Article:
We offer these images to anyone who can make use of them. We hope that someone can shed more light on what exactly these photos reveal about the tumors of these turtles.
These images were originally taken underwater at Honokowai, Maui, during the summer of 1998.
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Polzbarney, under his home ledge in Summer 1998. He's now lived in this same location since 1995, demonstrating the remarkable site fidelity of Hawaiian green sea turtles. Compare the barely visible growths on the right shoulder in 1997 with the tumor there just 10 month later.
Polzbarney, under his home ledge in Summer 1997. The first eruptive tumors are evident on the eyes, and somewhat less so on the right shoulder, which has a cluster of white pimple-like growths.
1998 Turtle #44, close up left profile. These are typical beginning eye tumors. White blemishes on the neck often herald the development of a "tumor collar." Most unusual is the tumor growing out from between facial plates, which is also the largest tumor this turtle presently has.
Turtle 1998 #70, photographed in 1997. Note the mouth tumor and multiple growths over neck and shoulders.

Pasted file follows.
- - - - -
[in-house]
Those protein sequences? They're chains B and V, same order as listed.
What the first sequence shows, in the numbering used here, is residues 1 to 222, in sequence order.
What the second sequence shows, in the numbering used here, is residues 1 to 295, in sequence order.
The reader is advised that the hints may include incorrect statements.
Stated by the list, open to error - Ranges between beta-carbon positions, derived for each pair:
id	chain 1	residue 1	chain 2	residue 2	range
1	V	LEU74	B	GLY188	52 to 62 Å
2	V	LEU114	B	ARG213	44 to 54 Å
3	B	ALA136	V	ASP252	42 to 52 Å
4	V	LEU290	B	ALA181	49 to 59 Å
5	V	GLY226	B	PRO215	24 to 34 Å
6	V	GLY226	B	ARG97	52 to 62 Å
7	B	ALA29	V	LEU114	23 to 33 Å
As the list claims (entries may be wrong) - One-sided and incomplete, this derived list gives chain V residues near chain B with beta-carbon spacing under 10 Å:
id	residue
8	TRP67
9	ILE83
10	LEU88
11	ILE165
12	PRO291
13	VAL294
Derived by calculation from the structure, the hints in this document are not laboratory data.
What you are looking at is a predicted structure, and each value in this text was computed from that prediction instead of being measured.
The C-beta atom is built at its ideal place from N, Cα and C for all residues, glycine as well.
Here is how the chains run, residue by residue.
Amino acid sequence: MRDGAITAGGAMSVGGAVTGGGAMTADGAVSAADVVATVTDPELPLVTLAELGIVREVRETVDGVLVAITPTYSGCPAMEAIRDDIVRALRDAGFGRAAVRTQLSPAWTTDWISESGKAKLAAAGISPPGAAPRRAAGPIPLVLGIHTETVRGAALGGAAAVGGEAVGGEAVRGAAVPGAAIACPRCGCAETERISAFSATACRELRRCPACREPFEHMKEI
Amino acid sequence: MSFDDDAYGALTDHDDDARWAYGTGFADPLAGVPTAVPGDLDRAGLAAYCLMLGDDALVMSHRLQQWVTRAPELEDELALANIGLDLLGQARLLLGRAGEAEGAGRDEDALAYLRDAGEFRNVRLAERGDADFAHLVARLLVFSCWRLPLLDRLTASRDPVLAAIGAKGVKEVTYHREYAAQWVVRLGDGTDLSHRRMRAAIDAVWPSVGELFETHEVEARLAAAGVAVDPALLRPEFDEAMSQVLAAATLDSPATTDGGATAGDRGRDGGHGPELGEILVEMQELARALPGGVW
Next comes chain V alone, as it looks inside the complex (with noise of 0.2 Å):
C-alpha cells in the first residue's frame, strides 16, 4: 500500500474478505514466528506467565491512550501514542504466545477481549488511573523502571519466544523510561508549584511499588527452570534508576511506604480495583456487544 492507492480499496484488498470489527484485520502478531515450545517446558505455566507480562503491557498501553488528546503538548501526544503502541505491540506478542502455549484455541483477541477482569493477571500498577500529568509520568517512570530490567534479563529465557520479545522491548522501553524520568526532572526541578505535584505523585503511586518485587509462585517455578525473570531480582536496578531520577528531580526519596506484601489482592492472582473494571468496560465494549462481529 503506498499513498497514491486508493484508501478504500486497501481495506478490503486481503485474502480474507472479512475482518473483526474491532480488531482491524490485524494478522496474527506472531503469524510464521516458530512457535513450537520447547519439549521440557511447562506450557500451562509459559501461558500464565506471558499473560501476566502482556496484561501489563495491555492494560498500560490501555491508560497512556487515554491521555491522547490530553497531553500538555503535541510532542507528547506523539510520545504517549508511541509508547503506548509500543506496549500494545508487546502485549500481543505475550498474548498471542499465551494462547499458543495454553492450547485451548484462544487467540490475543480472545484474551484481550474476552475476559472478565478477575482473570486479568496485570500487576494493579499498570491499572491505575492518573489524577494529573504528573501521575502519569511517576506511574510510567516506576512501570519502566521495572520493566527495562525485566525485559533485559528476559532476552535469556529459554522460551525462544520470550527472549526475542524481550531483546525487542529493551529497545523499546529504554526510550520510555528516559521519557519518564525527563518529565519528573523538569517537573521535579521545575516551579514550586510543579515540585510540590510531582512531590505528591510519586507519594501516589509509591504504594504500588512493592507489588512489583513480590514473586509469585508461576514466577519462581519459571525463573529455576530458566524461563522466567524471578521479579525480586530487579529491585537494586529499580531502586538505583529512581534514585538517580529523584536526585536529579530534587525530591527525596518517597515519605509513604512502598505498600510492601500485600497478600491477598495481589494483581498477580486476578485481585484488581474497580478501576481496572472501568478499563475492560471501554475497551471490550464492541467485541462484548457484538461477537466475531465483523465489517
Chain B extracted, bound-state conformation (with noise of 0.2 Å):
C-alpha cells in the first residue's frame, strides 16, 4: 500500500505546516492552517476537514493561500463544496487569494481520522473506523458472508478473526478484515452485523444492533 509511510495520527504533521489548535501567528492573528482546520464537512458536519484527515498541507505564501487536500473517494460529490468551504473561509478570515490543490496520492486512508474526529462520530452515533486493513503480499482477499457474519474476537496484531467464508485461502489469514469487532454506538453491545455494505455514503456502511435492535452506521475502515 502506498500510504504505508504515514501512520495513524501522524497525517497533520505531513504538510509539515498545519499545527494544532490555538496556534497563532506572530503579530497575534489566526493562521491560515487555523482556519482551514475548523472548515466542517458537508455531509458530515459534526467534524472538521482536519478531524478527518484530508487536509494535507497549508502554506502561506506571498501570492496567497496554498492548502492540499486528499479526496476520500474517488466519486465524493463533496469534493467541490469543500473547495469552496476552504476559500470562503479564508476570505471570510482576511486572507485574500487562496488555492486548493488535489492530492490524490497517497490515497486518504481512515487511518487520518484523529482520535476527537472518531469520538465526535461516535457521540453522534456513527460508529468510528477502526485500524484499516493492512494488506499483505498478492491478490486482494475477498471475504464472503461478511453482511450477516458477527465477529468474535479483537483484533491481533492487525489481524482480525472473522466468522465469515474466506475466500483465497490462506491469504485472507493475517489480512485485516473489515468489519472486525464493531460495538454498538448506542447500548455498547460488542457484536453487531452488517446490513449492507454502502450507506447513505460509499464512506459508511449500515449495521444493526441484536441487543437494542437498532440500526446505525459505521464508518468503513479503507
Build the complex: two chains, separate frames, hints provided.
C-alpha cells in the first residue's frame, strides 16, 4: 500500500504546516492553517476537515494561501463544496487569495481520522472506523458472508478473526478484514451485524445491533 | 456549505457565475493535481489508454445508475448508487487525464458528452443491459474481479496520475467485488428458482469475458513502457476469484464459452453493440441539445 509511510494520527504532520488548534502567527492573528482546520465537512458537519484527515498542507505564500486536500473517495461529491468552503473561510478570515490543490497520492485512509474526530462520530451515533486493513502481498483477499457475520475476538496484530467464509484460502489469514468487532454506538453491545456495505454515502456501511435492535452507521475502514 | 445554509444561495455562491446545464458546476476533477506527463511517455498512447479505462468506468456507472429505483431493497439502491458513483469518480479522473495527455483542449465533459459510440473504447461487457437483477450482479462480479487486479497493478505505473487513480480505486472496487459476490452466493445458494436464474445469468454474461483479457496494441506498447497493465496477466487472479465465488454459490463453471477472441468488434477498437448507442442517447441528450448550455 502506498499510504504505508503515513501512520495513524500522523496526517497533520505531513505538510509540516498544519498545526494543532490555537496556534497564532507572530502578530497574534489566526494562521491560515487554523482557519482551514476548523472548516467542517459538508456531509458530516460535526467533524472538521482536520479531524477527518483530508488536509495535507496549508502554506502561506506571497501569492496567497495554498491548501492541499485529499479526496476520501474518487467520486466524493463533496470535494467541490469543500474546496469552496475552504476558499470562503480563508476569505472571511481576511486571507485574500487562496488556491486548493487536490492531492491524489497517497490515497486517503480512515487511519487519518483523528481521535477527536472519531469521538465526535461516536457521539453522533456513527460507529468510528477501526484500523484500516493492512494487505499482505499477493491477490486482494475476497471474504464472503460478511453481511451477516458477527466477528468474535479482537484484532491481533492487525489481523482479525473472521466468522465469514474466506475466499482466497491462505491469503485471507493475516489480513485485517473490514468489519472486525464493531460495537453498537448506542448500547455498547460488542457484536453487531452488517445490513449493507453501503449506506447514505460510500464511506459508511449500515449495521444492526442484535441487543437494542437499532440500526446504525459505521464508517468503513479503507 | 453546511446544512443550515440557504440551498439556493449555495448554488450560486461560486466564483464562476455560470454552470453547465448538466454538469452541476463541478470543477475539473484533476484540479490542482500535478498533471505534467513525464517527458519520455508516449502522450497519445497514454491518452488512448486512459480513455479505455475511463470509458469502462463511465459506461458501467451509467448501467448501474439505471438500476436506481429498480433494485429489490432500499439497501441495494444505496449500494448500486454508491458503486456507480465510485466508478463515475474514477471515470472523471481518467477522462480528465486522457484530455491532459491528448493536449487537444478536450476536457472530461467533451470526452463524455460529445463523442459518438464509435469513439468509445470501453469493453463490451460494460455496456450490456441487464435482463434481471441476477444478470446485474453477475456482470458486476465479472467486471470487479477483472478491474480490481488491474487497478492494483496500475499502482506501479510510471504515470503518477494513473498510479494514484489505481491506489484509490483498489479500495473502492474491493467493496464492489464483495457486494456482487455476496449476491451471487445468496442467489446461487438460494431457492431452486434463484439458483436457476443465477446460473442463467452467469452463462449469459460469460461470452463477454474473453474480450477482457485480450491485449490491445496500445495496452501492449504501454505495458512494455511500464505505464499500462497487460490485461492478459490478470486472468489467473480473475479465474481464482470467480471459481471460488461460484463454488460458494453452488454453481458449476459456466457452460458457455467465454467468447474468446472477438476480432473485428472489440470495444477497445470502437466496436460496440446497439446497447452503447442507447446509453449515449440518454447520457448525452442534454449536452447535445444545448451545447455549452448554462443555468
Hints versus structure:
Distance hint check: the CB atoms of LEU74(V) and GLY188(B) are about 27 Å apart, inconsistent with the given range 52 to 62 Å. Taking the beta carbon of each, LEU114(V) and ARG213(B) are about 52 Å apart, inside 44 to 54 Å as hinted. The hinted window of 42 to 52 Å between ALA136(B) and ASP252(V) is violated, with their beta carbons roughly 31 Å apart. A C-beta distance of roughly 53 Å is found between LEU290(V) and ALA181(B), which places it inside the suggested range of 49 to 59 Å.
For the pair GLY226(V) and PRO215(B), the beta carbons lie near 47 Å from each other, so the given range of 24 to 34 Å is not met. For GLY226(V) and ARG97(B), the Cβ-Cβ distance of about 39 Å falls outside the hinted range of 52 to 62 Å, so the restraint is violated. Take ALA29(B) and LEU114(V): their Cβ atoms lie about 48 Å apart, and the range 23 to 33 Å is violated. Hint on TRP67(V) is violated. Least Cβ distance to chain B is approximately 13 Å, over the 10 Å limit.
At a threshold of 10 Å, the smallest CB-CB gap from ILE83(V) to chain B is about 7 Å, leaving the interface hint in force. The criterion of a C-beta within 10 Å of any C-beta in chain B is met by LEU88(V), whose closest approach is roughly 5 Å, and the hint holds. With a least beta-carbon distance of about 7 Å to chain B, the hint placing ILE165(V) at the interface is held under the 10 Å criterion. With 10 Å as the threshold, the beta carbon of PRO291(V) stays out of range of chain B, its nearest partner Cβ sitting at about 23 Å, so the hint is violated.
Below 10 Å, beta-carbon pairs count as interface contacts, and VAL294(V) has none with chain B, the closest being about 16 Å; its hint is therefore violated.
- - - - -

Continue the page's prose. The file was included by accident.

1998 #70 photographed this year. The increase in tumor growth is notable.
Turtle 1998 #70 has worsened considerably since the previous summer. Mouth tumors have ballooned and threaten to block breathing and feeding.
As yet unidentified/unlogged turtle photographed at the end of August 1998. Aside from the many tumors burdening this turtle (the most life-threatening is the mouth tumor) the white cuts and gashes to its carapace announce its recent face-to-face with a large shark, probably a tiger. The numerous scratches are most likely the result of the shark trying to get a "perch", a bite-hold on the turtle, and not penetrating far enough to hold tight. Our shark expert suggested that some shaking was involved because that's how tigers "saw" through large tough animals.
Example of regression. This is the left profile of 1994 Turtle #12 in 1996. Note the loss of the left eye to fibropapilloma disease. The turtle is also burdened with numerous growths over neck and shoulders. In 1996, we assumed this animal was a goner.
Here is the same turtle two years later, in the Summer of 1998. Only close examination could detect the darkened and shrunken tumors The left eye is now just a slit (we assume the eyeball was eaten away by disease and parasites) but otherwise this turtle's condition has improved immensely, and so can be added to our growing list of regression cases.
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